Asian Stocks Steady as Oil Worries Offset Easing Covid Curbs

 

Asian stocks had an unspectacular day on Tuesday as oil price concerns and Wall Street worries capped gains across the region though Chinese equities enjoyed a small lockdown-exiting bump.

Stocks were mixed as overnight jitters on Wall Street offset confidence from the improving Covid-19 situation in China and the potential easing of regulatory constraints on Chinese tech companies.

Meanwhile, elevated oil prices are also putting pressure on Asian markets, many of which are net importers of the commodity. An anticipated recovery in Chinese demand and doubts over OPEC+ producers’ decision to increase output have continued to push oil prices higher.

 

Also on AF: Cutting China Tariffs Easier Than Fighting Inflation, USTR Says

 

Tokyo’s benchmark Nikkei 225 index gained 0.10%, or 28.06 points to end at 27,943.95. The broader Topix index rose 0.41%, or 7.92 points, to 1,947.03.

The Hang Seng Index dropped 0.56%, though, or 122.23 points, to 21,531.67 as Monday’s tech rally petered out.

Hong Kong’s tech index was almost steady following a 4.6% surge in the previous session, though e-commerce giant Alibaba Group gained nearly 2%.

On the mainland, the Shanghai Composite Index rose 0.17%, or 5.39 points, to 3,241.76 and the blue-chip CSI300 index rose 0.3% to 4,179.13. The CSI300 index has risen more than 10% since hitting a trough on April 26.

That came after the latest signal that China’s promises to ease pressure on its internet sector may be gaining traction. Regulators are concluding probes into ride-hailing giant Didi Global and two other firms, and are preparing to allow their apps back on domestic app stores as early as this week, the Wall Street Journal reported on Monday.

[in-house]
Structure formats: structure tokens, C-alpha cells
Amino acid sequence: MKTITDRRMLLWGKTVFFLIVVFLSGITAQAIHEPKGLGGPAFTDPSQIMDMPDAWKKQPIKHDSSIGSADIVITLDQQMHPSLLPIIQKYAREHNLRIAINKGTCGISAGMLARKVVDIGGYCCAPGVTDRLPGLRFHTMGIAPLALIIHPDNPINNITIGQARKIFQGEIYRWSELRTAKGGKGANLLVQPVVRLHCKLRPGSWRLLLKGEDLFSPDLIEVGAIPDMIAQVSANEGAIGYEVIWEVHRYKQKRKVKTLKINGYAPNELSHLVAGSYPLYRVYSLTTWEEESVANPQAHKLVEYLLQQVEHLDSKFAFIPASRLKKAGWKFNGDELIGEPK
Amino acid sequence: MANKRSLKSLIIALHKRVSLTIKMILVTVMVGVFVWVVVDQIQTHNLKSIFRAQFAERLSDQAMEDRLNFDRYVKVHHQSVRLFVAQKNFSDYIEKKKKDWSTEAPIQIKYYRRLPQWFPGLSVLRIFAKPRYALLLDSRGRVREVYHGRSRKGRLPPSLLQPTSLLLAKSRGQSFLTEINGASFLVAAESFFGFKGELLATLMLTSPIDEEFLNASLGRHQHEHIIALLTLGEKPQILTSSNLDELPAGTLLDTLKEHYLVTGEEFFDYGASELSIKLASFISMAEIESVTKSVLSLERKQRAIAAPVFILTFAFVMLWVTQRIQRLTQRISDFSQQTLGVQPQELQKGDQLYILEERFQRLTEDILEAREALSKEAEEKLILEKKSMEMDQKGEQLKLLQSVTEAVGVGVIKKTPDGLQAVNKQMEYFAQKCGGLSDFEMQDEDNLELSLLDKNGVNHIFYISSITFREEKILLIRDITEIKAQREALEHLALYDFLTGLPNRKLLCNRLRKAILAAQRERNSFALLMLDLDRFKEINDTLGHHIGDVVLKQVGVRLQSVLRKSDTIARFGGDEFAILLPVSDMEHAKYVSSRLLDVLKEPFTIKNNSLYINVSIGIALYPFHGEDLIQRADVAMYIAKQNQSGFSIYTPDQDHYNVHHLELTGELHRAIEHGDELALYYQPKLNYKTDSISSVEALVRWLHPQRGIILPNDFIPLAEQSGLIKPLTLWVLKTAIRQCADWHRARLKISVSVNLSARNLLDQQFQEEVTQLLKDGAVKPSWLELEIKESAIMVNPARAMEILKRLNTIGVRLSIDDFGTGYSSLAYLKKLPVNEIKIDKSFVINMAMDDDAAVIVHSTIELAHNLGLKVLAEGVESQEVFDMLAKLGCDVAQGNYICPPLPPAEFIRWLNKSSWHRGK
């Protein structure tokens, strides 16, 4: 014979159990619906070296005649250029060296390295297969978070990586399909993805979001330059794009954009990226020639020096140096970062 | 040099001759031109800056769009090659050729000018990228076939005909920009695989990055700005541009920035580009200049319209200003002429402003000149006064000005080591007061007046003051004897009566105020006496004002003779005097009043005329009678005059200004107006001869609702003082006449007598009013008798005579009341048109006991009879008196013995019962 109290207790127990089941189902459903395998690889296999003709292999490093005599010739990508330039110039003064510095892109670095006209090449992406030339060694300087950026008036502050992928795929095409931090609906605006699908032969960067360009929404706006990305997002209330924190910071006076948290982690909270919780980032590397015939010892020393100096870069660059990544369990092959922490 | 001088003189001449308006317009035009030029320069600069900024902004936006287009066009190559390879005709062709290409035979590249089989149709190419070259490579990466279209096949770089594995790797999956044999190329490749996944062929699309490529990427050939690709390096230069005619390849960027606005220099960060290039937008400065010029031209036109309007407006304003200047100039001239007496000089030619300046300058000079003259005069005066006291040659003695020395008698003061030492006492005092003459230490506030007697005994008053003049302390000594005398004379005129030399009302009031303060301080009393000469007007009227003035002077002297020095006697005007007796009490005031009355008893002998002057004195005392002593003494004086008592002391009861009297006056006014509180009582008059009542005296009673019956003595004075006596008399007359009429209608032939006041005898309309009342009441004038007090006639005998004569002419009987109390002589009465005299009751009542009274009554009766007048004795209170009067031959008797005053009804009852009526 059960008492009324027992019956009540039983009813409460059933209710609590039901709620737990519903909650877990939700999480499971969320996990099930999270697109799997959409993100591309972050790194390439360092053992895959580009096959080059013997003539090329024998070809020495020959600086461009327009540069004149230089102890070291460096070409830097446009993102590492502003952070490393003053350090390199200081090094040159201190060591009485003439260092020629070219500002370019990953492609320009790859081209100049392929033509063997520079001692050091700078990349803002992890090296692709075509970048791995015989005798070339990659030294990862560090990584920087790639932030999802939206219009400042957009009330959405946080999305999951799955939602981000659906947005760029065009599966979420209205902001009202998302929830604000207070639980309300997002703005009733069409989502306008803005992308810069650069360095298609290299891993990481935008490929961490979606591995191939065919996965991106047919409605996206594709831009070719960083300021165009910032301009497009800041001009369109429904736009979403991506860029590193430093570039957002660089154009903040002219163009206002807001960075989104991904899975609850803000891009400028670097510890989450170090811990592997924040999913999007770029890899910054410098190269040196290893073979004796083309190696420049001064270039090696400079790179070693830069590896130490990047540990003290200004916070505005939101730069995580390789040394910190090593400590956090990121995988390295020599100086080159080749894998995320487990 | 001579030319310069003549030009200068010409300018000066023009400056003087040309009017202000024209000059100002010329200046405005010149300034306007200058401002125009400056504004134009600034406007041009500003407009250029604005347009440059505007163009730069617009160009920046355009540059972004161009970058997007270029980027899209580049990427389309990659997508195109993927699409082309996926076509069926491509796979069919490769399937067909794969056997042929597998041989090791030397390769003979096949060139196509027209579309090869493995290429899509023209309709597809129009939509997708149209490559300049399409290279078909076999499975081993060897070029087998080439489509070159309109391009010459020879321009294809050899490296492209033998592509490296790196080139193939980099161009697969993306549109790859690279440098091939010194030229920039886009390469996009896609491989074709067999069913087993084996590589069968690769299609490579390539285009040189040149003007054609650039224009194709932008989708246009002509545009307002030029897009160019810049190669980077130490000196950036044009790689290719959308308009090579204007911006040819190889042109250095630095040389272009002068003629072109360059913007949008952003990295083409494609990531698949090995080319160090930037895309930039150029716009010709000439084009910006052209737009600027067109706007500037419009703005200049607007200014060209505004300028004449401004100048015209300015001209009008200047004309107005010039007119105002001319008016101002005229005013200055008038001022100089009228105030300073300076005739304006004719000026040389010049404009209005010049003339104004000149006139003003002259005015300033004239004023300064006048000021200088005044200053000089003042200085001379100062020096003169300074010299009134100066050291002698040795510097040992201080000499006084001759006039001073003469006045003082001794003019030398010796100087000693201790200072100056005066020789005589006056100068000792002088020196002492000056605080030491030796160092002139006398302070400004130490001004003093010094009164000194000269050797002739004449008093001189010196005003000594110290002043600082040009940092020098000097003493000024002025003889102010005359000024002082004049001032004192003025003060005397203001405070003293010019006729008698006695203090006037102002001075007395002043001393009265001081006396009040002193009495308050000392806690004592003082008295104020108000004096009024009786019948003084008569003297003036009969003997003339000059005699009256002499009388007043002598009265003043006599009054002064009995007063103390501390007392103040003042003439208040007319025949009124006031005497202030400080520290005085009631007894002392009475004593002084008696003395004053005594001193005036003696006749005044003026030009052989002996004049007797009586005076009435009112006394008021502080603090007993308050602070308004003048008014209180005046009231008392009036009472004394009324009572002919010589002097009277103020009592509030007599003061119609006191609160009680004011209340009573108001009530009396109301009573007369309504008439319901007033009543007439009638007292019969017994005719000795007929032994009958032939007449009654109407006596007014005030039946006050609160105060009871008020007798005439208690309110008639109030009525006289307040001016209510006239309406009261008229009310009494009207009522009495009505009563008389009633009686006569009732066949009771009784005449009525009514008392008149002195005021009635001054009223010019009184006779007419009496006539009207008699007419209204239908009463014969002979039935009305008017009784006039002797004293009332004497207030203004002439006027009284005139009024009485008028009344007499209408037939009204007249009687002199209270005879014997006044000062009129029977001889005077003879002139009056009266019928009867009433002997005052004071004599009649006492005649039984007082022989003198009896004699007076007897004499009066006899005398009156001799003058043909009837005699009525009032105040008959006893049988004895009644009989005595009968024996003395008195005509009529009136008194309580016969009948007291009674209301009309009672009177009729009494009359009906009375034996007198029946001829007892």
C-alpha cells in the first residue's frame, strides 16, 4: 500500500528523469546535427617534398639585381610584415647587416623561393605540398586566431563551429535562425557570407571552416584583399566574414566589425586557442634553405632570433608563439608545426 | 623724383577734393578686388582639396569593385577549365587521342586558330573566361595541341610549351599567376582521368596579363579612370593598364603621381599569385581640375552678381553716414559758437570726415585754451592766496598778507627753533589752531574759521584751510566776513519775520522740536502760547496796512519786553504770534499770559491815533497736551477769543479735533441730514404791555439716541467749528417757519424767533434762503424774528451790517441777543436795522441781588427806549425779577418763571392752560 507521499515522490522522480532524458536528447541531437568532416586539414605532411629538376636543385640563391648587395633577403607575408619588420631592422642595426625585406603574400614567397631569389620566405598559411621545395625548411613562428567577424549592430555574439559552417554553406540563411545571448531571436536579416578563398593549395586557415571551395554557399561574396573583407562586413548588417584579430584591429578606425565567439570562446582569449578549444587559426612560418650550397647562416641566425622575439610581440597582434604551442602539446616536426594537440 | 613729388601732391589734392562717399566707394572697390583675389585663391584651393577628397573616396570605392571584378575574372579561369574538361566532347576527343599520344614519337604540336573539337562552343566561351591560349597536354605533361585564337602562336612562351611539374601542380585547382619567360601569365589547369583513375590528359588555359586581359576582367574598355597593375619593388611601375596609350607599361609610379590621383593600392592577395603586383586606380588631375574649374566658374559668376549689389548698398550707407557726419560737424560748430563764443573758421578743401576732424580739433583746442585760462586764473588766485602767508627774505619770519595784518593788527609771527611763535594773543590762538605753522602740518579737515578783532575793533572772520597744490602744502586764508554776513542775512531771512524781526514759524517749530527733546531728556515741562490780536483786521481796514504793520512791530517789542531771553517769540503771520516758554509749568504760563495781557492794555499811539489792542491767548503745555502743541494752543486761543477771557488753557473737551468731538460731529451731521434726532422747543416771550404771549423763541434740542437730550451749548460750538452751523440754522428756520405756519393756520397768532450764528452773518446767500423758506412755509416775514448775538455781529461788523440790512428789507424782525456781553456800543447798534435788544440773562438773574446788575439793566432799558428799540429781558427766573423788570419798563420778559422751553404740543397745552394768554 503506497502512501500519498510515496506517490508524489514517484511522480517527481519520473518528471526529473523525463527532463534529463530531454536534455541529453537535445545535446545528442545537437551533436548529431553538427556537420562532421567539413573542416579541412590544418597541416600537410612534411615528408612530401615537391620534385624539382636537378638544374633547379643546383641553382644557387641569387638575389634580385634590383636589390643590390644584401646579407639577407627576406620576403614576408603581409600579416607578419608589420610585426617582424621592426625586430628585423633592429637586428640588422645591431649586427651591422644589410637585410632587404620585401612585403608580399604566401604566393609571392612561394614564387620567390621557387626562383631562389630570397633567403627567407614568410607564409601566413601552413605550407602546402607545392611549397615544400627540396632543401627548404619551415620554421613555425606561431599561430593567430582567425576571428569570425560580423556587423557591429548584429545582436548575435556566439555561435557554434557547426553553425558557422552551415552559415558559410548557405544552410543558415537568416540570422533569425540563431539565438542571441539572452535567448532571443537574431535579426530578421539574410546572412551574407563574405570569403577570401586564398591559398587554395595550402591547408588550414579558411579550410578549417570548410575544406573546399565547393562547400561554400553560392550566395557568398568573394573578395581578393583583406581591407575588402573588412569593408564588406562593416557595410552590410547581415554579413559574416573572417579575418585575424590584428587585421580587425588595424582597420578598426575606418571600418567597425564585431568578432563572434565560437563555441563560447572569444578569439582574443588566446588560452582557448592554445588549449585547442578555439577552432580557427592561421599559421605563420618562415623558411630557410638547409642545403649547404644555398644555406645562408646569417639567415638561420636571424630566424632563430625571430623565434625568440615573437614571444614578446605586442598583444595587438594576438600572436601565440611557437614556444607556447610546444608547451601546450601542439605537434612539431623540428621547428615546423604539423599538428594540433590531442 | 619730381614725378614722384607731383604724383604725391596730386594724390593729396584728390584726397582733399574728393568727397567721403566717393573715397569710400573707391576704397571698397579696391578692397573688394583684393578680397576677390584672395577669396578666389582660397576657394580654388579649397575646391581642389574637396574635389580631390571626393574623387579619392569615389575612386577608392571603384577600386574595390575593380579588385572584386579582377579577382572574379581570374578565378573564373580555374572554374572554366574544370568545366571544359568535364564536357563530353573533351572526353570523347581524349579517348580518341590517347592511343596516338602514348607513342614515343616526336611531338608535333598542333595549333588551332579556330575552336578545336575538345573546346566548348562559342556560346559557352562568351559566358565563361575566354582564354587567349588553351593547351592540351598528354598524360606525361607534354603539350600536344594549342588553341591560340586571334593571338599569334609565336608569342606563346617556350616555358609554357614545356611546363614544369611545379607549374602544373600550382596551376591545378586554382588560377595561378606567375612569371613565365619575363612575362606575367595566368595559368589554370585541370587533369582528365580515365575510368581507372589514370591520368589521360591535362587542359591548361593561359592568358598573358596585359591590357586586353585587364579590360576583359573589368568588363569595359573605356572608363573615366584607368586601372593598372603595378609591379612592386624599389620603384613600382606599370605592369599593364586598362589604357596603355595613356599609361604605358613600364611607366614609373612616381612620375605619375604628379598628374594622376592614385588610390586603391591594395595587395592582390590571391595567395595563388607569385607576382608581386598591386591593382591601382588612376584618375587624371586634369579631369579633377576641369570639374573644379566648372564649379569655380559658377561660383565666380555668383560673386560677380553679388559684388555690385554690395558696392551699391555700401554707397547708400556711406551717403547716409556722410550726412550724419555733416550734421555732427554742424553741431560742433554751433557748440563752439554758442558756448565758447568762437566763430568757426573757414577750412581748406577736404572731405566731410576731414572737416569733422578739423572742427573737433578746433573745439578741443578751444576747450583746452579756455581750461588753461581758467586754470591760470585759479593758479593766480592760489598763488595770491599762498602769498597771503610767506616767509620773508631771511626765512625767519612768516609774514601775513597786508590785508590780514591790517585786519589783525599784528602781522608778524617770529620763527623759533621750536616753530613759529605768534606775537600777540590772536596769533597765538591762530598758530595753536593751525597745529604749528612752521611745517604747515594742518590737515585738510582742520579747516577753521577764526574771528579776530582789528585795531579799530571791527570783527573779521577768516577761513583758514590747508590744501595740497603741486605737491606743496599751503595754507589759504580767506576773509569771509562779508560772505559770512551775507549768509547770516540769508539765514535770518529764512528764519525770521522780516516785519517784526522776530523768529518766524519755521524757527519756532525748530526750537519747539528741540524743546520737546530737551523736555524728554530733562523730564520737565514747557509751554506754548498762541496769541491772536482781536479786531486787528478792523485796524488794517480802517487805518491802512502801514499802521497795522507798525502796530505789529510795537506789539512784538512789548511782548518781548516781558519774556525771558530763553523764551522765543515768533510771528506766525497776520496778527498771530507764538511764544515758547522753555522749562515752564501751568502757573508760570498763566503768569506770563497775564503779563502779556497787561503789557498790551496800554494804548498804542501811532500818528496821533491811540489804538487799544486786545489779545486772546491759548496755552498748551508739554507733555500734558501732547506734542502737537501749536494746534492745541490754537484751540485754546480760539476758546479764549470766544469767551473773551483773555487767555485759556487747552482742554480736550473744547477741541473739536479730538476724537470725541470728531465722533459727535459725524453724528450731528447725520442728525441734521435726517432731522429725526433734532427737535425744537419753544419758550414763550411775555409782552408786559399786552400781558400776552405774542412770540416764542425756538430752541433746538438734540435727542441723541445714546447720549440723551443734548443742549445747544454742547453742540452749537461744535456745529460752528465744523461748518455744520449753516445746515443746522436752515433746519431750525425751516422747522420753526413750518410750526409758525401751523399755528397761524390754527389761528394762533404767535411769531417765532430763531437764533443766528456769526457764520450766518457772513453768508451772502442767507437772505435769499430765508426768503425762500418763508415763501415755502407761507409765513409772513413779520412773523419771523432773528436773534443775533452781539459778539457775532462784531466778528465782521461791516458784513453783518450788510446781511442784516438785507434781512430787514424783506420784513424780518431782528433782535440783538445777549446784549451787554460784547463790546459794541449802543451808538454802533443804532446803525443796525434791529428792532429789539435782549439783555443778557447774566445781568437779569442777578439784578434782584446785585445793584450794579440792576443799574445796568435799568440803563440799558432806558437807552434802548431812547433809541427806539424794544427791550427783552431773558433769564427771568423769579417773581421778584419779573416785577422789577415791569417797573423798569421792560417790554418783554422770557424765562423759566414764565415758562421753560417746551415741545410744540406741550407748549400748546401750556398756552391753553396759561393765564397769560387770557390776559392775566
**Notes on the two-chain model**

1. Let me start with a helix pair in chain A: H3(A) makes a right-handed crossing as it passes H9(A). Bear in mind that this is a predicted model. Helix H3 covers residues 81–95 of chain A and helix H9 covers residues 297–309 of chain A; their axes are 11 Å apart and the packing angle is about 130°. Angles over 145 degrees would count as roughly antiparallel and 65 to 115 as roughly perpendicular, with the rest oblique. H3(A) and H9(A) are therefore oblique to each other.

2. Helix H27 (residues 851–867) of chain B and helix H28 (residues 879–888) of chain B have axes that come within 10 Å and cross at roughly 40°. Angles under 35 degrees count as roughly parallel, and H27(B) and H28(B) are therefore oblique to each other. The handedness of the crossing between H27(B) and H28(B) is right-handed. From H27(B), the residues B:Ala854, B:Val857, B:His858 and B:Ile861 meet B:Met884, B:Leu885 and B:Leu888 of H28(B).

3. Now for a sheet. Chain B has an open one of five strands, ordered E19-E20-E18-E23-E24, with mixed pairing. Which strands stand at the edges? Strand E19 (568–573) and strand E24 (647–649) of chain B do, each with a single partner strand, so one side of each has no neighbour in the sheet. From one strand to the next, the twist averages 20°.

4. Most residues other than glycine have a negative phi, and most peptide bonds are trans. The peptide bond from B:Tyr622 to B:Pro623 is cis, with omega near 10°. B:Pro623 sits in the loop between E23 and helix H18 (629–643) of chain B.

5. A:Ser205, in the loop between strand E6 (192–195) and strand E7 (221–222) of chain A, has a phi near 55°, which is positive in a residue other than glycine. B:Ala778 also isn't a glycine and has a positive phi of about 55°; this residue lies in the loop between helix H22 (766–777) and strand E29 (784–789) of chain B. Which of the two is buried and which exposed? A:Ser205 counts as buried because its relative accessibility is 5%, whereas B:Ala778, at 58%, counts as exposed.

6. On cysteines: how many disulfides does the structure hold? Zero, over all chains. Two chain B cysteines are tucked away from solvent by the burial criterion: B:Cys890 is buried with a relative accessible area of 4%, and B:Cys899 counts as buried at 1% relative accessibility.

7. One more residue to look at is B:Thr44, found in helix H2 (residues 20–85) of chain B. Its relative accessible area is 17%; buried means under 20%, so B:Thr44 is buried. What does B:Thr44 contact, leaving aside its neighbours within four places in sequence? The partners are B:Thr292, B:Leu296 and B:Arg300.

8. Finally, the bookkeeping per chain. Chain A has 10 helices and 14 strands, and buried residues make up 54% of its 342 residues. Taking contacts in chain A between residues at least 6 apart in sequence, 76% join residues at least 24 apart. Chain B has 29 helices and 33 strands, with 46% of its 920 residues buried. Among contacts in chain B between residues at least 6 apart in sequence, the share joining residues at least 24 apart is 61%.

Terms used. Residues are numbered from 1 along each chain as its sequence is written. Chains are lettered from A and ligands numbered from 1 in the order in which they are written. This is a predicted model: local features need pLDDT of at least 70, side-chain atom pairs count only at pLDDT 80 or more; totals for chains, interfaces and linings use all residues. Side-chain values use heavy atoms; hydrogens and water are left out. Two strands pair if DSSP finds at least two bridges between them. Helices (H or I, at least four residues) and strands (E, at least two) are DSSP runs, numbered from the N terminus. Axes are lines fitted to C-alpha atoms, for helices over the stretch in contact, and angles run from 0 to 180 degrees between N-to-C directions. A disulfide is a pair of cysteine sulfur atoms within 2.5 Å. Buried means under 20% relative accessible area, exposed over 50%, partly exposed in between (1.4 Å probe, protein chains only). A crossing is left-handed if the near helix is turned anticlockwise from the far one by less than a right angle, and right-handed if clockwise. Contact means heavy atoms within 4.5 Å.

Indian stocks slipped with Mumbai’s signature Nifty 50 index down 0.99%, or 163.40 points, to close at 16,406.15.

South Korean stocks fell 1.5% to their worst day since May 24, while Malaysian equities skidded as much as 0.6% to hit their lowest since February 7.

 

Australia’s Surprise Rate Hike

Globally, world shares fell and bond yields remained supported as a surprise 50-basis-point rate increase in Australia raised concern over policy tightening ahead of US inflation data and a European Central Bank meeting this week.

The Reserve Bank of Australia (RBA) raised rates by the most in 22 years and flagged more tightening to come as it battles to restrain surging inflation, driving a brief spike in the Aussie dollar and hitting local shares.

The MSCI’s benchmark for global stocks fell 0.3% to 650 points by 0843 GMT, weighed down by morning losses in Europe and earlier weakness across Asian markets.

The pan-European STOXX 600 equity benchmark index fell 0.4%, while S&P 500 e-mini futures fell 0.4%.

In foreign exchange markets, angst ahead of the US inflation data kept the dollar in demand. The greenback rose to its the highest since 2002 against the yen after Bank of Japan Governor Haruhiko Kuroda stayed dovish, promising support for the economy and easy monetary policy even as prices start to rise.

Oil prices edged higher on an expected demand recovery in China as the world’s second-biggest economy relaxes tough Covid curbs, and on doubts that a higher output target by OPEC+ producers would ease tight supply.

 

Key figures

Tokyo – Nikkei 225 > UP 0.10% at 27,943.95 (close)

Hong Kong – Hang Seng Index

Shanghai – Composite > UP 0.17% at 3,241.76 (close)

New York – Dow > UP 0.05% at 32,915.78 (Monday close)

 

  • Reuters with additional editing by Sean O’Meara

 

 

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Sean O’Meara

Sean O’Meara is an Editor at Asia Financial. He has been a newspaper man for more than 30 years, working at local, regional and national titles in the UK as a writer, sub-editor, page designer and print editor. A football, cricket and rugby fan, he has a particular interest in sports finance.